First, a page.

Get thread pid

Jean-Paul Calderone exarkun at
Fri Jan 30 18:10:55 CET 2009

On Fri, 30 Jan 2009 08:33:53 -0800 (PST), Alejandro <alejandro.weinstein at> wrote:
>On Jan 30, 9:11 am, Jean-Paul Calderone <exar... at> wrote:
>> [clarification about threads]
>Thank you for the clarification. I will reformulate my question:
>pstree and also ntop (but not top) show a number for each thread, like
>for instance:
>$pstree -p 9197
>             †€{python}(9556)
>             †€{python}(9557)
>             †€{python}(9558)
>             †€{python}(9559)
>             †€{python}(9560)
>             †€{python}(9561)
>             †€{python}(9562)
>             †€{python}(9563)
>             „€{python}(9564)
>Is is possible to get the number corresponding to each thread?
>The reason I am interested is because one of my thread is hogging the
>CPU, and want to find which one is the culprit.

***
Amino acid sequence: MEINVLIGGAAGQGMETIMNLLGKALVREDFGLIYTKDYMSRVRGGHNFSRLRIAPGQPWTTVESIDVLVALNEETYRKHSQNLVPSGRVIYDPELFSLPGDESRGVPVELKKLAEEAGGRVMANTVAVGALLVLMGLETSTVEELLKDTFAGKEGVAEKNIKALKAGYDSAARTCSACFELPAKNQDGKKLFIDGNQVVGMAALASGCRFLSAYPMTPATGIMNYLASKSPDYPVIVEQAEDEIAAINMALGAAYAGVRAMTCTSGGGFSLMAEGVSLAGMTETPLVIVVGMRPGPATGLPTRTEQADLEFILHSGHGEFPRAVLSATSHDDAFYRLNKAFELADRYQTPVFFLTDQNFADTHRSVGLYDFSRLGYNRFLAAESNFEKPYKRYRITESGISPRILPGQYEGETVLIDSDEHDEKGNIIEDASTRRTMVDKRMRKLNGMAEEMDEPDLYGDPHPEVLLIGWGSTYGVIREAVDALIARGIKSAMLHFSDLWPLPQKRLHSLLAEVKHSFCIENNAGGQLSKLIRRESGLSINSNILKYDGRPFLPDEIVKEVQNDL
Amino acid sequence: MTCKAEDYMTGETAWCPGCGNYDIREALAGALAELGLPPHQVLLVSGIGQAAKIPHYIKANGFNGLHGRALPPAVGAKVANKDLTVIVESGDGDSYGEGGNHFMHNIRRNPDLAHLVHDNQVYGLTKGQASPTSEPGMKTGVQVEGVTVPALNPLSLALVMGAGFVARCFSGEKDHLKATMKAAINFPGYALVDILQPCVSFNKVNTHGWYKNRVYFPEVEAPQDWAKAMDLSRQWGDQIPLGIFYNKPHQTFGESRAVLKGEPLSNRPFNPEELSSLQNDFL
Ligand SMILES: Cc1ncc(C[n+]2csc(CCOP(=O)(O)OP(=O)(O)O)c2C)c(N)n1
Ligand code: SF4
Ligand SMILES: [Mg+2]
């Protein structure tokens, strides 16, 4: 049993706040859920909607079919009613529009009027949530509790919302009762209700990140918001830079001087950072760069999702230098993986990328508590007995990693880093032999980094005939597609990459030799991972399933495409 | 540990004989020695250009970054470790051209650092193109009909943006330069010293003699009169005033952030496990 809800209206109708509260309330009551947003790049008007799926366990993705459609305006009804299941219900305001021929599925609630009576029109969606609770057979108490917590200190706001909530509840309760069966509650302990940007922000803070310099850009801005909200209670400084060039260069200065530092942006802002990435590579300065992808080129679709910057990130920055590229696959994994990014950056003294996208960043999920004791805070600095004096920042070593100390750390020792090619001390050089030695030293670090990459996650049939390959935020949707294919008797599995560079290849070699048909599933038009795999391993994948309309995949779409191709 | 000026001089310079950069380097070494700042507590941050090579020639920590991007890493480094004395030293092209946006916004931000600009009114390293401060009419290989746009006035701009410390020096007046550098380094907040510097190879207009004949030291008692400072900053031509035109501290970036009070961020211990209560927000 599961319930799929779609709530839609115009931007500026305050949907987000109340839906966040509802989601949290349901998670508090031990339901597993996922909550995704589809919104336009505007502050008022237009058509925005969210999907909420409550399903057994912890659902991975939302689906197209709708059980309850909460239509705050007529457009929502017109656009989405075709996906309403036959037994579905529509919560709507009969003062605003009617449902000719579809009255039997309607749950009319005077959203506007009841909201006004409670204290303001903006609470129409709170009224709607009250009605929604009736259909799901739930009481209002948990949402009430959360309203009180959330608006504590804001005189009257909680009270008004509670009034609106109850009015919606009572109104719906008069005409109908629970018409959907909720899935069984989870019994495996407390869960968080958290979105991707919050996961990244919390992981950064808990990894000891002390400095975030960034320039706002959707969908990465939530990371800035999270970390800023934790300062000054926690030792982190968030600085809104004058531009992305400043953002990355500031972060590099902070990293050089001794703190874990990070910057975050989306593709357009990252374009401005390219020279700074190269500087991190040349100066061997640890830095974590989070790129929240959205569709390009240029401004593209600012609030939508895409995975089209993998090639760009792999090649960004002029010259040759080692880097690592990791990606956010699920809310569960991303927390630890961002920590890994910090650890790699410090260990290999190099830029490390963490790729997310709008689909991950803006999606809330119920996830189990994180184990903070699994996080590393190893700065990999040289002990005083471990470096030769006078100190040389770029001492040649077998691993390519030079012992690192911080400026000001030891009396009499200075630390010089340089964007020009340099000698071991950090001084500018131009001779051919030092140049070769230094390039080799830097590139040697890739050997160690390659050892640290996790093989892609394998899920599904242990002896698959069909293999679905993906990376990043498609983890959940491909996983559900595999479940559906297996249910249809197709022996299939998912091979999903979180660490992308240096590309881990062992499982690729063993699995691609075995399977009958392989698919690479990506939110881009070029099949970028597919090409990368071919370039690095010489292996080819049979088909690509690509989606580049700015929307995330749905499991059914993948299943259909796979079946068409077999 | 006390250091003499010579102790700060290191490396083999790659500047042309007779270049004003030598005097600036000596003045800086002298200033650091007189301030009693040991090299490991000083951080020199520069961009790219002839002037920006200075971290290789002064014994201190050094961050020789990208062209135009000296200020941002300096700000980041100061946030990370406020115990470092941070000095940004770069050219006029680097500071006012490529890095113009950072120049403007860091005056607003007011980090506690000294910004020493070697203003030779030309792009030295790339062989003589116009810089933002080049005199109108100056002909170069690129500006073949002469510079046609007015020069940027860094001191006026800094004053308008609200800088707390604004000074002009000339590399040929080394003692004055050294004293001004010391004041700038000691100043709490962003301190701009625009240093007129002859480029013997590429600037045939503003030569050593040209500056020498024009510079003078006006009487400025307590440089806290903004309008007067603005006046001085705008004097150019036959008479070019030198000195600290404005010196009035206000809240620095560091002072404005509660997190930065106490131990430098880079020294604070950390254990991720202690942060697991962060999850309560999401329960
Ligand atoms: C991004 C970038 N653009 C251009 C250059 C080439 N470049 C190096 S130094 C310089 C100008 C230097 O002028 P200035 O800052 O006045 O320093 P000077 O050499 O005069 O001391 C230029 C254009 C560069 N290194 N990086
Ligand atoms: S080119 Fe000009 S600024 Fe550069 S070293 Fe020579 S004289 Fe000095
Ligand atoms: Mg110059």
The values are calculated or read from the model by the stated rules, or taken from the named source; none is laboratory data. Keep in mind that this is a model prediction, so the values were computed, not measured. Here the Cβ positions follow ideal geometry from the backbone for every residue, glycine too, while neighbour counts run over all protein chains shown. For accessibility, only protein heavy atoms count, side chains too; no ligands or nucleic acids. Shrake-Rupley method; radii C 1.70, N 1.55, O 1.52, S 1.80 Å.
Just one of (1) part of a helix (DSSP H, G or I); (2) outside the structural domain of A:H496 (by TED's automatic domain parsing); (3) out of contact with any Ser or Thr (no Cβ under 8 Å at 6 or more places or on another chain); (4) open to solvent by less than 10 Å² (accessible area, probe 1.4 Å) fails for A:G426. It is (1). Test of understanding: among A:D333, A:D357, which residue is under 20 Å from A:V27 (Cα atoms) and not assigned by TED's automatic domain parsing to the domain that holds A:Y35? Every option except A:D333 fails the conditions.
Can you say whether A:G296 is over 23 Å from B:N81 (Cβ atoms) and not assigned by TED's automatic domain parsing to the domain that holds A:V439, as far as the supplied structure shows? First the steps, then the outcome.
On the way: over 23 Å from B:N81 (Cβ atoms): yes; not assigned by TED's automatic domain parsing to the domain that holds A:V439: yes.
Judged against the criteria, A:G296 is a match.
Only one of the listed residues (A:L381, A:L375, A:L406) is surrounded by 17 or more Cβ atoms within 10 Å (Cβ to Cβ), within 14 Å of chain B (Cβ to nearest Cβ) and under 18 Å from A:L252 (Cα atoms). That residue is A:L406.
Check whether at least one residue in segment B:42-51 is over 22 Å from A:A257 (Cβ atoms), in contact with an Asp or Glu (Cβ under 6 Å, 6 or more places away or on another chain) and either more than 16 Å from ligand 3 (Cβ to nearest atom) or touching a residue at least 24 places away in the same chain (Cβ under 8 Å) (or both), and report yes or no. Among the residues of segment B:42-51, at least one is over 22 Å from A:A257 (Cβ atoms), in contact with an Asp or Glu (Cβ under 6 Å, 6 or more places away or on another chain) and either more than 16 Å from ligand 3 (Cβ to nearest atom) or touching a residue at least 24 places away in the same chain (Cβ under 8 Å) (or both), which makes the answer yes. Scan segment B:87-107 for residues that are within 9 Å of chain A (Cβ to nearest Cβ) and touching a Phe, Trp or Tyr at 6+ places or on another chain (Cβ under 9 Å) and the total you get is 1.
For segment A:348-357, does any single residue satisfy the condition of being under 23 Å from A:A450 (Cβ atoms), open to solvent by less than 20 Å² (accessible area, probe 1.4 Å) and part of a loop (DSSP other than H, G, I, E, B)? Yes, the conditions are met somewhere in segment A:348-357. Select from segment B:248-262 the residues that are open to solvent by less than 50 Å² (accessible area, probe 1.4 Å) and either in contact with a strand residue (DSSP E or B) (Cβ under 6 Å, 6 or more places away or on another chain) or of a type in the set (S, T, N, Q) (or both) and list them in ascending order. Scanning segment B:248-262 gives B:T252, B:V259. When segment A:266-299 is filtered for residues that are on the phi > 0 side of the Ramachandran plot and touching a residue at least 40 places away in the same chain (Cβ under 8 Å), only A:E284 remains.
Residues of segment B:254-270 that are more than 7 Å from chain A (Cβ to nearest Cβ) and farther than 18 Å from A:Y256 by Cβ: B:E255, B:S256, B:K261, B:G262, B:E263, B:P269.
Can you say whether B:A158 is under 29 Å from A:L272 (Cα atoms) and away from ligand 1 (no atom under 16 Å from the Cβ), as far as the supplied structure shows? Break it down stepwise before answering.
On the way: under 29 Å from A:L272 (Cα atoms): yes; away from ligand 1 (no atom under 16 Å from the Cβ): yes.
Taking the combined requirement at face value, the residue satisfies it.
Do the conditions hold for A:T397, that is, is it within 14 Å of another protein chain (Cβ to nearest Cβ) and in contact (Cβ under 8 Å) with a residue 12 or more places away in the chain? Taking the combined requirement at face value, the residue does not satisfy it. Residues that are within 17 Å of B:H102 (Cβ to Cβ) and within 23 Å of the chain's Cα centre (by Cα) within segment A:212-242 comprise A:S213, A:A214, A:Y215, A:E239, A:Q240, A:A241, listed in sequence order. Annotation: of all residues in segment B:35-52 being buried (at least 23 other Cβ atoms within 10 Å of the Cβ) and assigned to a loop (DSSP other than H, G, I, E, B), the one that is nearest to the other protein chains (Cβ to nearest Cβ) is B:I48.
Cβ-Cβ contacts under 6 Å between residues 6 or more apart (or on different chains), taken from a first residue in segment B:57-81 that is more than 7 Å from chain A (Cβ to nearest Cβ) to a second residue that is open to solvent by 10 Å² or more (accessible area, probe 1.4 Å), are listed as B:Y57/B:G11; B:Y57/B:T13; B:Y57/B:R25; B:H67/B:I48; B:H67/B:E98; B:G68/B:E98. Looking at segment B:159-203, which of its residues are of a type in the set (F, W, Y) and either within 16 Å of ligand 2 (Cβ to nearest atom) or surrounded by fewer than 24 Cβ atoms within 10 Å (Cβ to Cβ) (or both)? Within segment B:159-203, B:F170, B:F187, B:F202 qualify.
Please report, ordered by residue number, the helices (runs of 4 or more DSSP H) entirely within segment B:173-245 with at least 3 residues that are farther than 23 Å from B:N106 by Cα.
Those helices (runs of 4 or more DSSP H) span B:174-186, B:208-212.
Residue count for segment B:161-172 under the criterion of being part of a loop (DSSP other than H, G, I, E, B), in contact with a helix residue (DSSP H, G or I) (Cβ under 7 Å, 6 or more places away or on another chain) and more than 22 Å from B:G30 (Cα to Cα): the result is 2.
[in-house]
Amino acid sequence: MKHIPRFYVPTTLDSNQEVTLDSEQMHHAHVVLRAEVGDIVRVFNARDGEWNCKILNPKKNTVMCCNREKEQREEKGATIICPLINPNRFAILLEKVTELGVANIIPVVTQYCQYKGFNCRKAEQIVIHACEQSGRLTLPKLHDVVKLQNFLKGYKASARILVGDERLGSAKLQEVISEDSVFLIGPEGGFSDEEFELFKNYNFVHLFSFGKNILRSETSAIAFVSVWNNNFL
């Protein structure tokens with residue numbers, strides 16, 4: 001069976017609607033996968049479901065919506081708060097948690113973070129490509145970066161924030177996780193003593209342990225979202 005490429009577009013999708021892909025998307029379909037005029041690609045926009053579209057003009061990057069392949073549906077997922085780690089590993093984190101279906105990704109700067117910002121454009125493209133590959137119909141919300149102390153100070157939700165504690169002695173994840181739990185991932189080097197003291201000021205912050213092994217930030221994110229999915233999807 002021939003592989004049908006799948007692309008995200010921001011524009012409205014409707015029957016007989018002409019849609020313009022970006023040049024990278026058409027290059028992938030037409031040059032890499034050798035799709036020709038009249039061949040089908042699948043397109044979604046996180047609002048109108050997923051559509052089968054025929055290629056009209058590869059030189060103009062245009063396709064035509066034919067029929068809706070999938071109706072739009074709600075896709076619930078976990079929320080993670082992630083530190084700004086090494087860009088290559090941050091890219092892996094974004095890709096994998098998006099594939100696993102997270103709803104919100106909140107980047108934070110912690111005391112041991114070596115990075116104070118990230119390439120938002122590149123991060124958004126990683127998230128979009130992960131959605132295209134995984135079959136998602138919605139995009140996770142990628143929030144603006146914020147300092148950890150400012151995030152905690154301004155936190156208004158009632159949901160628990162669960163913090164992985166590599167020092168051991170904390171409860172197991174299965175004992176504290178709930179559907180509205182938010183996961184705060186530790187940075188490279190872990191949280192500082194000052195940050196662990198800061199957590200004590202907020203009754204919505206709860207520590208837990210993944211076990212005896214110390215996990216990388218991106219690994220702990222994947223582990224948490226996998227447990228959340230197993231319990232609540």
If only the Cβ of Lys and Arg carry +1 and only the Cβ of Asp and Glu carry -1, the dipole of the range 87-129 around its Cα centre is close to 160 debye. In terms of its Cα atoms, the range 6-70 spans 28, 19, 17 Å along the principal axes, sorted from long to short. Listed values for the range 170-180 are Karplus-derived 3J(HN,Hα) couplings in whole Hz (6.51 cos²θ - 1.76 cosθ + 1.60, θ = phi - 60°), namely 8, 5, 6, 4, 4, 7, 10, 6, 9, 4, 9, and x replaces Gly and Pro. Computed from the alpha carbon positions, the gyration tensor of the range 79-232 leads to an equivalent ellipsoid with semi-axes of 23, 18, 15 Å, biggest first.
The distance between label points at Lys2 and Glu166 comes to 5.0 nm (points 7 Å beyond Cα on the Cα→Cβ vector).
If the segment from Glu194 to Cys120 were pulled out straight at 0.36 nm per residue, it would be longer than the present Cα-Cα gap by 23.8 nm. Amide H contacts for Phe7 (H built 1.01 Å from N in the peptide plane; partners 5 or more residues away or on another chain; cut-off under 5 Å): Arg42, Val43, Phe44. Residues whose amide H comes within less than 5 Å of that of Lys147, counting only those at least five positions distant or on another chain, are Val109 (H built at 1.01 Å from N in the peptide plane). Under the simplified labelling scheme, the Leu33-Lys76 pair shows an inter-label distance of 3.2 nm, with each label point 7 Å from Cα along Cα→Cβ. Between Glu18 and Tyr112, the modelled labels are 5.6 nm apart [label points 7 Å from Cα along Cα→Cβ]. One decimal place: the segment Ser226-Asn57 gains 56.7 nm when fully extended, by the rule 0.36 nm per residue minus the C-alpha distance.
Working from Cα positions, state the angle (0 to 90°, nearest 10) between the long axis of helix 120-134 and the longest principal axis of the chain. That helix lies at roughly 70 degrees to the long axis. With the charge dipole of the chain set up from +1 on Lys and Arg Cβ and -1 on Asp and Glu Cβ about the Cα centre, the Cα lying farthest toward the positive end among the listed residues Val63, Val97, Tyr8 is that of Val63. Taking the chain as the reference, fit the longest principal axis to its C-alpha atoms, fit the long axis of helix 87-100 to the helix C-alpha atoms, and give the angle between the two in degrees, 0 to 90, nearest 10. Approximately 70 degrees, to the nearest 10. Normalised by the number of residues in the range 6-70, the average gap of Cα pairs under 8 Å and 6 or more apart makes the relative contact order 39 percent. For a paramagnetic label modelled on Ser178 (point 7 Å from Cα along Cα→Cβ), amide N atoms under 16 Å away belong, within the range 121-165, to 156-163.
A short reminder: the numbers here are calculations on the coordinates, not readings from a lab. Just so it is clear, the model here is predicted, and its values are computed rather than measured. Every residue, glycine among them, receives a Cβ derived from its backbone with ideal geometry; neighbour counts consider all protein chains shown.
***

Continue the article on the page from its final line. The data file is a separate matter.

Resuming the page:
I think someone mentioned calling gettid using ctypes earlier in this
thread.  Unfortunately, this is somewhat convoluted:

    exarkun at charm:~$ python
    Python 2.5.2 (r252:60911, Jul 31 2008, 17:28:52)
    [GCC 4.2.3 (Ubuntu 4.2.3-2ubuntu7)] on linux2
    Type "help", "copyright", "credits" or "license" for more information.
    >>> import ctypes, os, threading, time
    >>> os.system("pstree -p " + str(os.getpid()))
    >>> threading.Thread(target=time.sleep, args=(1000,)).start()
    >>> os.system("pstree -p " + str(os.getpid()))
    >>> ctypes.CDLL('').syscall(224)

224 comes from grepping /usr/include for SYS_gettid.  This is Linux
specific, and probably even architecture specific.  For a quick
debug hack, perhaps this is good enough, though.


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